Amgen has expanded its commercial collaboration with Novartis for erenumab, which is being evaluated for migraine prevention.
The companies will work together to commercialize erenumab in the United States, according to Amgen press release.
“Erenumab is a fully human monoclonal antibody specifically designed to target and block the Calcitonin Gene-Related Peptide (CGRP) receptor, believed to have a critical role in mediating the incapacitating pain of migraine," according to the release.
Novartis and Amgen have had a neuroscience partnership since 2015 to work toward the commercialization of new treatments for Alzheimer’s disease and migraine.
As part of its broadened partnership, Amgen said it will keep its exclusive commercialization rights to erenumab in Japan, while Novartis will have exclusive rights to commercialize erenumab in Canada, along with its commercialization rights in the remainder of the world. The deal also calls for Amgen to earn milestone payments from Novartis beginning this year, and both companies will share U.S. commercialization costs.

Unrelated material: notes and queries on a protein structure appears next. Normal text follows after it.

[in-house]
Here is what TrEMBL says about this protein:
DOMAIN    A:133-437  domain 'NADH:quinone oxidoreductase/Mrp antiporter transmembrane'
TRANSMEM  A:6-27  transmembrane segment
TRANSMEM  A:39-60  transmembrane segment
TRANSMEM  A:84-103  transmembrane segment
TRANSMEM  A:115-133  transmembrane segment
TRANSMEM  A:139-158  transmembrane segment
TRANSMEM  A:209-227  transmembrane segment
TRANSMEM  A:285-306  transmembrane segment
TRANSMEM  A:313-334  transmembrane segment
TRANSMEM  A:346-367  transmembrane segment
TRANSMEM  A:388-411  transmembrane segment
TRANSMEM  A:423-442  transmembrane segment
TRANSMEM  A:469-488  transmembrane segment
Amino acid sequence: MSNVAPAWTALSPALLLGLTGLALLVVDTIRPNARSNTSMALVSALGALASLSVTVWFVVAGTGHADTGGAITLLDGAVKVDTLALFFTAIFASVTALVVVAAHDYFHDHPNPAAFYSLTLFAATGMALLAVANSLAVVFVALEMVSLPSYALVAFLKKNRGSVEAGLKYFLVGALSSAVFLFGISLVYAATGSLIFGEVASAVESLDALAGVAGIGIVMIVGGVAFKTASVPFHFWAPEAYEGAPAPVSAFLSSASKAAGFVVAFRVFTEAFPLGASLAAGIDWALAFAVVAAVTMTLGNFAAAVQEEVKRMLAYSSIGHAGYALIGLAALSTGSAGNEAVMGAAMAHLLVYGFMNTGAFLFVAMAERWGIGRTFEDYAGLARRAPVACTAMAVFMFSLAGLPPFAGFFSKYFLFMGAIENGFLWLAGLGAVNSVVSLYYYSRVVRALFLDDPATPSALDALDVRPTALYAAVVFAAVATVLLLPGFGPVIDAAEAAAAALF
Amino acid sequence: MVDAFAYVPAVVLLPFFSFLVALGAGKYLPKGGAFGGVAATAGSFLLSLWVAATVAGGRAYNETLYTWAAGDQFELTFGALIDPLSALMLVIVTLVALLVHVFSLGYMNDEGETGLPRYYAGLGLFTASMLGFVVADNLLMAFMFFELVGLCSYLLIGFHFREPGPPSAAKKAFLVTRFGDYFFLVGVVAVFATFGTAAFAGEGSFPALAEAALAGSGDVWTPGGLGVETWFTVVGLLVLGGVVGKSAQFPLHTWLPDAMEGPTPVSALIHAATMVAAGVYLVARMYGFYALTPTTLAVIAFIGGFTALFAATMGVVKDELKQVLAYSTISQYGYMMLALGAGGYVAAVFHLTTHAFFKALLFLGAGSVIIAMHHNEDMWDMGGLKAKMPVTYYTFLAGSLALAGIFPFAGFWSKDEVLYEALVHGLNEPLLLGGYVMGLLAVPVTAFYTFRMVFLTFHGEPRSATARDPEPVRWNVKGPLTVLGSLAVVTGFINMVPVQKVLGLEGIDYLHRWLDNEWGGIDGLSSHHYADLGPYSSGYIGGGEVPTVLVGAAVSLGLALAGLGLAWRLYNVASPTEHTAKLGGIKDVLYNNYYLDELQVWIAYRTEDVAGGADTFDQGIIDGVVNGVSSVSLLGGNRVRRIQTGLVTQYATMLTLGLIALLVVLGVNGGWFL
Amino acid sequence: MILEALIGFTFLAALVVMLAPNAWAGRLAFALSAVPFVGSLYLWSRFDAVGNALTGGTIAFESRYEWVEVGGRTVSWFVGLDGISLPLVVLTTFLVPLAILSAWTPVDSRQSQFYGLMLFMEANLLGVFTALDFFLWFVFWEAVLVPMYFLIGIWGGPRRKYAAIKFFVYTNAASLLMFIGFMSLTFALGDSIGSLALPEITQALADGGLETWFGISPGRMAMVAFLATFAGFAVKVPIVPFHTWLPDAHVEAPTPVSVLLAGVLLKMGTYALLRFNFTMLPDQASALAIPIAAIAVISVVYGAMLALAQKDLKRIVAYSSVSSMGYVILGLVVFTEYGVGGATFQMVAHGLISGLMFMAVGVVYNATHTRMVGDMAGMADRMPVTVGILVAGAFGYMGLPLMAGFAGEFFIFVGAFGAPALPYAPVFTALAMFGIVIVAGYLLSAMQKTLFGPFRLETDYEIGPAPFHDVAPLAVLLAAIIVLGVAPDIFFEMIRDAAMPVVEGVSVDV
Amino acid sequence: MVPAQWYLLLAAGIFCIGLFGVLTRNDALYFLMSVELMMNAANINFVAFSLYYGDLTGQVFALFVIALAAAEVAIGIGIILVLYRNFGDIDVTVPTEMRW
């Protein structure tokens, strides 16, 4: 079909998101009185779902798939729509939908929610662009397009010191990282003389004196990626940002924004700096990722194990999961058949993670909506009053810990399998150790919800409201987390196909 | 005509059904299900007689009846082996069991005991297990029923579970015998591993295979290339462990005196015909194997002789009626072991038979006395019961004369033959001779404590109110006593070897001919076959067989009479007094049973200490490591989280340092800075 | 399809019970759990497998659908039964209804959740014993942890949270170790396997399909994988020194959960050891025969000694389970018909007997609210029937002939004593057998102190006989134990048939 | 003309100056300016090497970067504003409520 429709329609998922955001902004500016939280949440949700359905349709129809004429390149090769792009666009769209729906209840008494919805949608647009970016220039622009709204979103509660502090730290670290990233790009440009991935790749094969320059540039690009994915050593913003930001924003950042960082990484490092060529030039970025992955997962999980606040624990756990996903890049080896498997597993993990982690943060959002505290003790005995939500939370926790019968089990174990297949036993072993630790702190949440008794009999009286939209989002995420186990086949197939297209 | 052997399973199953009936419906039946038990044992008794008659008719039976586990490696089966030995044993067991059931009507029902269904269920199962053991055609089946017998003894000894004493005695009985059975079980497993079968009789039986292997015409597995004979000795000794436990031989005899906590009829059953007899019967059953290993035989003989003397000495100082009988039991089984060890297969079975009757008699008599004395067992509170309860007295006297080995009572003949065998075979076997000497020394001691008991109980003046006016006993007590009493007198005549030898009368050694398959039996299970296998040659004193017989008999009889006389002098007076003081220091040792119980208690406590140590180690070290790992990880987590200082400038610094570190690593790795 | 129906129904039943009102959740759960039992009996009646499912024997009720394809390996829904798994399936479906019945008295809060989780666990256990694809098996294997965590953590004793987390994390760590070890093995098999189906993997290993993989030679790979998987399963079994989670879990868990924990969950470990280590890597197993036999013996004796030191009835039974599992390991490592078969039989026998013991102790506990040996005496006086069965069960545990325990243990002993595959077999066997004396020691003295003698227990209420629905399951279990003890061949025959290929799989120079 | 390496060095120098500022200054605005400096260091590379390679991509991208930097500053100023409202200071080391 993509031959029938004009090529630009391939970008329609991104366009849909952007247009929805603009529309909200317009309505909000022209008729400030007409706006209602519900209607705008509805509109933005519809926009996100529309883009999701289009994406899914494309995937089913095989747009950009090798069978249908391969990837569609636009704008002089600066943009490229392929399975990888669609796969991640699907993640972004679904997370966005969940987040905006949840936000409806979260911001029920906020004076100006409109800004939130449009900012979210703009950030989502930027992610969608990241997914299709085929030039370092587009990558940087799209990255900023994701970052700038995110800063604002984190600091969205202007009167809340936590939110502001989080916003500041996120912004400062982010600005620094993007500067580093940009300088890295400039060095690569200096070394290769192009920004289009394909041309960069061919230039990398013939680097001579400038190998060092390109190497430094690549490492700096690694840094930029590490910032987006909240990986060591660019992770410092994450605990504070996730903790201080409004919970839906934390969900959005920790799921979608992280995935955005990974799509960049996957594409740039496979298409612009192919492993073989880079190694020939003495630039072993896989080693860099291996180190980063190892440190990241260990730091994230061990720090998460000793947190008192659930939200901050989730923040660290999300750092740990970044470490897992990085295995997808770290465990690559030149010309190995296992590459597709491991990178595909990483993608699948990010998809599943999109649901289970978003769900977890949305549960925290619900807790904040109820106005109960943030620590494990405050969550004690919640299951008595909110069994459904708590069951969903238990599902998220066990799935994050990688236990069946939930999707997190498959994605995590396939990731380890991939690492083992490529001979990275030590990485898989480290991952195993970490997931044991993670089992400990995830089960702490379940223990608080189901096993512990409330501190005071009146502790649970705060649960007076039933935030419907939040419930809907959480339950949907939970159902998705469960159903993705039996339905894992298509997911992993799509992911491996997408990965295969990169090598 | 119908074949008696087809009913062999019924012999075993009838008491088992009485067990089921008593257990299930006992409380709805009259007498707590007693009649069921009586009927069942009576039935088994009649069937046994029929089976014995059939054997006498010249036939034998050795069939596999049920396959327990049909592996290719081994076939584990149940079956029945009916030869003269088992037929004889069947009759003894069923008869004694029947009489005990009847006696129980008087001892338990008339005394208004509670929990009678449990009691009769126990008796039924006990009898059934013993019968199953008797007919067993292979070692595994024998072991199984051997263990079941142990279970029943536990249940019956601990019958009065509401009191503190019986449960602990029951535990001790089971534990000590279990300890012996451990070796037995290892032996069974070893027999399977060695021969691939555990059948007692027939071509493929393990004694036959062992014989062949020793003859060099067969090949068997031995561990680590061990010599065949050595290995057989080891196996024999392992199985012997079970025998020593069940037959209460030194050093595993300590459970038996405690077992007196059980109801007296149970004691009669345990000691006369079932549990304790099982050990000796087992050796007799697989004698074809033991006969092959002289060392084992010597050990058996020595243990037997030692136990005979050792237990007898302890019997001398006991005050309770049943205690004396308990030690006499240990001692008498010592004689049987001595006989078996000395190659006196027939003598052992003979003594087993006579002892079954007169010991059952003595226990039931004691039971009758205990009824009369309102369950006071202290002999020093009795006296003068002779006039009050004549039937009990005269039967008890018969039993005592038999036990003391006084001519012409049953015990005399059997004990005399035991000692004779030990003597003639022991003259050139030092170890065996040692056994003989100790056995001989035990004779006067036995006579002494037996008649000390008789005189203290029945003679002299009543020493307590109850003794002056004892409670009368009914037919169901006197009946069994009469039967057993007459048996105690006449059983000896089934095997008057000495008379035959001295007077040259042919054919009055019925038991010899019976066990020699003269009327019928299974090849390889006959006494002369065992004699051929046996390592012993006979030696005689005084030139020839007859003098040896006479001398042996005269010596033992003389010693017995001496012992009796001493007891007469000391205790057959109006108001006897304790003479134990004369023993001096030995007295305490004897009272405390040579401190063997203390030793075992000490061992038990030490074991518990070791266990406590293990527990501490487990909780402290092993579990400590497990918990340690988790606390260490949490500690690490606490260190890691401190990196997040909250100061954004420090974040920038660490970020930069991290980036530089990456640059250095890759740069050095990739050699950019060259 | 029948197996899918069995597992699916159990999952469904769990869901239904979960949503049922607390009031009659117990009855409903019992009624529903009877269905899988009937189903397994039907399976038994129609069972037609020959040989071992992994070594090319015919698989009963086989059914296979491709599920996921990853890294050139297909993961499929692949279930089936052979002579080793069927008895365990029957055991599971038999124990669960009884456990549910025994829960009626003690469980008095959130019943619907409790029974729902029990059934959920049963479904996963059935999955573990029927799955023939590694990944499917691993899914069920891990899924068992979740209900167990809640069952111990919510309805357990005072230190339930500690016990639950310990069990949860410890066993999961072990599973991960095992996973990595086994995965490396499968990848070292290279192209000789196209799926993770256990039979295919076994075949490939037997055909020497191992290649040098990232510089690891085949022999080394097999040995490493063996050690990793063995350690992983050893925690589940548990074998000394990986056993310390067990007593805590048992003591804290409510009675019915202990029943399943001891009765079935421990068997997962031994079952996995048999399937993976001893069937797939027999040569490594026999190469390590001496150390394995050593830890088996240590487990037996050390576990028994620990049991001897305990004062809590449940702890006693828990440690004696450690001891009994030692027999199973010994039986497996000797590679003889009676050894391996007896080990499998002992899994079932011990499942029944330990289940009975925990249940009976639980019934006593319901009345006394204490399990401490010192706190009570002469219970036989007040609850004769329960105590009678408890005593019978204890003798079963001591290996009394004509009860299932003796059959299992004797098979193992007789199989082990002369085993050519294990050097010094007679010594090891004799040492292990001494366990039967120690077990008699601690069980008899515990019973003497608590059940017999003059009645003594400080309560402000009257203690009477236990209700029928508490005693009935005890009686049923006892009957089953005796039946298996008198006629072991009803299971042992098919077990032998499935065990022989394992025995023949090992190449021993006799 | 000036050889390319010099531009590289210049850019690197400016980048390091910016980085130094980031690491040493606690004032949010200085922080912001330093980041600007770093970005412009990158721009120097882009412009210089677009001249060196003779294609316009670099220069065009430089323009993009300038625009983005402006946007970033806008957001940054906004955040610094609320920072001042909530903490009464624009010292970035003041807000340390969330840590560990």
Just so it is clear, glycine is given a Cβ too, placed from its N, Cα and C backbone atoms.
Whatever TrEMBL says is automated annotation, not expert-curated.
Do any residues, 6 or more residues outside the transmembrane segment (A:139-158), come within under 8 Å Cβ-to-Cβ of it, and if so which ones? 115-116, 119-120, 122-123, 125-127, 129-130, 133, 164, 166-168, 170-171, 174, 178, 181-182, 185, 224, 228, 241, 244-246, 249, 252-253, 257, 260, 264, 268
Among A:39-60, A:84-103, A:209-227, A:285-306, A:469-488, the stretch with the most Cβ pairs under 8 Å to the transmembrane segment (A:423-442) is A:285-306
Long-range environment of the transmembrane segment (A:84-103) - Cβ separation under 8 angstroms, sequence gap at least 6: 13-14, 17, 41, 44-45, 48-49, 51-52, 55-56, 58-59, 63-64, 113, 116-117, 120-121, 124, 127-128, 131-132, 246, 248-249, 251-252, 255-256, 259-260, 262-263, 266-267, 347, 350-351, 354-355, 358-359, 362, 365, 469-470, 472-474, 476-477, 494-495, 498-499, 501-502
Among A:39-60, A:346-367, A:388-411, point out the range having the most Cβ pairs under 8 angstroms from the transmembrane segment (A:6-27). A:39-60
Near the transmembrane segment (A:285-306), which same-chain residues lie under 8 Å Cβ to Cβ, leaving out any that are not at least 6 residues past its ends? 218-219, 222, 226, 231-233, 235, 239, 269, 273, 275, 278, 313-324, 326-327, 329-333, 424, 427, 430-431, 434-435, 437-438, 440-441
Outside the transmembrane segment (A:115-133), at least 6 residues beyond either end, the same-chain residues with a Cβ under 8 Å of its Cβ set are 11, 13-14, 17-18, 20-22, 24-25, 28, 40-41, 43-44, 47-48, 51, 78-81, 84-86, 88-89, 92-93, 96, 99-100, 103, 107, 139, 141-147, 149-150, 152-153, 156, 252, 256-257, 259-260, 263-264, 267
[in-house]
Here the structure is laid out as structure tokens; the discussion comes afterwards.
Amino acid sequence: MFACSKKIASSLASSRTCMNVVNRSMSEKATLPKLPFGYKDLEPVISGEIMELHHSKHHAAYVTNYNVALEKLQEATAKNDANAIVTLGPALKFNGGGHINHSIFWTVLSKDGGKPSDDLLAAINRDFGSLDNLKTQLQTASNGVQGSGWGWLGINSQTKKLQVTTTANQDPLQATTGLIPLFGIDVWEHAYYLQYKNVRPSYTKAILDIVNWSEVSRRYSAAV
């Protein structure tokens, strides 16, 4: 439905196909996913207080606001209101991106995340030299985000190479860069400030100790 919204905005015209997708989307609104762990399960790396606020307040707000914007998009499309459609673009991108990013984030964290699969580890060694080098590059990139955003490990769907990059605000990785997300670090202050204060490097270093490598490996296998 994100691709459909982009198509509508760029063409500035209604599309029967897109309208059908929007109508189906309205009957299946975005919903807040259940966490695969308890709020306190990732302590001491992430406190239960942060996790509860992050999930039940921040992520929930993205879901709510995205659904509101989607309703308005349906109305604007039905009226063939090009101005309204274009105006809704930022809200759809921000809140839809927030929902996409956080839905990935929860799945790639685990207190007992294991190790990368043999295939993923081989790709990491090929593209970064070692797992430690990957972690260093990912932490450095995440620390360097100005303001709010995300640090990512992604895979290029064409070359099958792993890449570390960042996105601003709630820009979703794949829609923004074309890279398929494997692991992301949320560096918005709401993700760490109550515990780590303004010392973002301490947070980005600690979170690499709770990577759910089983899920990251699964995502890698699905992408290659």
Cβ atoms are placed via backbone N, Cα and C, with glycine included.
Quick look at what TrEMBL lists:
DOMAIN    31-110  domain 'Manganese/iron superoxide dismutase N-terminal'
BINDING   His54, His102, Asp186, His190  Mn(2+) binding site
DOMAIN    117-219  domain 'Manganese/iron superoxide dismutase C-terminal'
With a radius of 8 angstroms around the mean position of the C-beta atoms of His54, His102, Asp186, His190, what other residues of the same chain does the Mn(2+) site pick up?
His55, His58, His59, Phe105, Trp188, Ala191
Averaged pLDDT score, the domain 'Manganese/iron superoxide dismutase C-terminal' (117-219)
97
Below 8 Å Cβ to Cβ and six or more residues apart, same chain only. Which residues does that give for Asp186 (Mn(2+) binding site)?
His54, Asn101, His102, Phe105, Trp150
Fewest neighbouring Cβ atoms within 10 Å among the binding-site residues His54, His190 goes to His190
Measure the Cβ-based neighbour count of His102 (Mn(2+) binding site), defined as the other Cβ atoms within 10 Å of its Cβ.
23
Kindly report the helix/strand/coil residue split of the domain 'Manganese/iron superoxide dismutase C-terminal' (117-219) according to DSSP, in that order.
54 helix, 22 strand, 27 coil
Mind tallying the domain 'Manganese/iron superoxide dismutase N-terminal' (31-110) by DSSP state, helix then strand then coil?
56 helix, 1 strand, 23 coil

“Migraine is a debilitating disease and today many patients are sub-optimally treated due to tolerability issues with existing therapies,” Anthony Hooper, executive vice president of global commercial operations at Amgen, said in the release.
“Combining the U.S. capabilities of Amgen and Novartis in preparation for the launch of erenumab can create meaningful value over the life of this first-in-class program by enabling us to more effectively, and perhaps even more rapidly, reach people who live with the impact of migraine on a daily basis,” Hooper said.